In a 1916 congressional debate, another member defended Italians by saying, “Will anyone claim that a race that has produced a Boccaccio, a Dante, a Michelangelo, a Columbus, a Cabot and a Caruso can not be assimilated?”

The nativist response was that northern Italians like Columbus were racially superior to the southern Italians who predominated in the migration. You could look it up in Professor William Z. Ripley’s 1899 book “The Races of Europe: A Sociological Study,” which maps the “cephalic index” of Europe. Southern Italians’ heads were too long for Ripley, their hair too dark and their height too short—“especially is this true in the mountains of Calabria,” he wrote. The U.S. Immigration Commission, which issued reports that catalyzed anti-immigrant legislation, called his work “masterful.” Ripley eventually became a professor of economics at Harvard.

Ultimately, the deck was stacked against those who defended the Italian migration. But there was still Columbus, and the annual parade in his honor really said, through all the flowery and perhaps not very historical praise heaped on the navigator: We’re as good as anyone else. Maybe better.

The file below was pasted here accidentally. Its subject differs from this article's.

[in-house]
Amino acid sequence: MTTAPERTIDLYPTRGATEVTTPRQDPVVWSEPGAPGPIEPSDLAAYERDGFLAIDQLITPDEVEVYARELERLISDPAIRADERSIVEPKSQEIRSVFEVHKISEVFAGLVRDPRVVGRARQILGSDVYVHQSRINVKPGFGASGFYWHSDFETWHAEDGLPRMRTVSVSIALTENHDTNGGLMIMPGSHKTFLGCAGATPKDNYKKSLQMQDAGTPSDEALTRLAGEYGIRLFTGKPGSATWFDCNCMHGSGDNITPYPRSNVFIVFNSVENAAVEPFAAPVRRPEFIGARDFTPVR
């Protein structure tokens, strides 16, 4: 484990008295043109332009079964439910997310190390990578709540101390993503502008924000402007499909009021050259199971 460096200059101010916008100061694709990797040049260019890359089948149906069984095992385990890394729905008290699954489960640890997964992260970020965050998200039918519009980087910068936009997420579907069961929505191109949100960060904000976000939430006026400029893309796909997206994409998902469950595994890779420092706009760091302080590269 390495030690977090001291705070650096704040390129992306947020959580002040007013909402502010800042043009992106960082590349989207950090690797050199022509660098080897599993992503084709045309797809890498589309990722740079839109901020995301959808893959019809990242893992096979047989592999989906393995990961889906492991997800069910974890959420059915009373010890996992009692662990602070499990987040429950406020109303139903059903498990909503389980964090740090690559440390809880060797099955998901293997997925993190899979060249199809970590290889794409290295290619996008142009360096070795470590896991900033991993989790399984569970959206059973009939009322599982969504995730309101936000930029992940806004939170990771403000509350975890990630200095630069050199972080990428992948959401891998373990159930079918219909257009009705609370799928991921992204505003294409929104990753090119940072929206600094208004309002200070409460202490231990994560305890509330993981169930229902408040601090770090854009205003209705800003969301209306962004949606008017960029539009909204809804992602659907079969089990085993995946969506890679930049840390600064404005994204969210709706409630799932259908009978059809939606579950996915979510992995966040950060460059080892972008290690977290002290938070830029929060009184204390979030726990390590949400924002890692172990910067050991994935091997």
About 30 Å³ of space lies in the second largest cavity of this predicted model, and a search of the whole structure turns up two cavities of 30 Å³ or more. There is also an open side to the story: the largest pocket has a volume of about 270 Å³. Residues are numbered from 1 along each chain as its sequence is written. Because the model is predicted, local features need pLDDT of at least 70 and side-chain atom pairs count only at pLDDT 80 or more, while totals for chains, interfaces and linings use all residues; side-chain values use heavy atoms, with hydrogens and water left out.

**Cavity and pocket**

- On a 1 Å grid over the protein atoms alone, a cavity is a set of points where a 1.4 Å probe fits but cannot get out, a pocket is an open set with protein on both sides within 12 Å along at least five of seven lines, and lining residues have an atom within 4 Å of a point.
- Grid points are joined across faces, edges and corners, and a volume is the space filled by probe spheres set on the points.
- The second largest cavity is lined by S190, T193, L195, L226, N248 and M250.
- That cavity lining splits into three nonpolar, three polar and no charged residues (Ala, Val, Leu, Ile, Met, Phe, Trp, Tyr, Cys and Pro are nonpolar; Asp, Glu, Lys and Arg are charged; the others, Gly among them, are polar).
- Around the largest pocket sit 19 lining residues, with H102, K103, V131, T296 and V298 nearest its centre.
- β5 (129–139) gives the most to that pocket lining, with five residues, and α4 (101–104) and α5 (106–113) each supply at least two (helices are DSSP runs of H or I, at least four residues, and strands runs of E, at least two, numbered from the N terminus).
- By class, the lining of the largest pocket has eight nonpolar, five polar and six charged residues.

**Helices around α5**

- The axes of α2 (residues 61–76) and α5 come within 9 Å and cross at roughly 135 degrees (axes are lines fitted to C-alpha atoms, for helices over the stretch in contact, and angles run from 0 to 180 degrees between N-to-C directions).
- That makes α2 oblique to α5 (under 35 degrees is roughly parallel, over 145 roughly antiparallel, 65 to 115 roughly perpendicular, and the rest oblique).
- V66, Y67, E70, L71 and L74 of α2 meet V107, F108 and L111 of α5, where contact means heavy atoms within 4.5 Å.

Savvy politicians won Italian votes by pushing to make Columbus Day a legal holiday. A rascally Tammany Hall pol, State Senator Big Tim Sullivan, succeeded in making it a New York State holiday in 1909.

When the big day arrived, Wall Street and the banks closed. (Department stores began offering special sales.) “While the name Christopher Columbus was occasionally mentioned by other nationalities in the course of the day, Cristoforo Columbo was on every Italian tongue, and his praises were sung without stint,” The New York Times reported after the 1910 parade.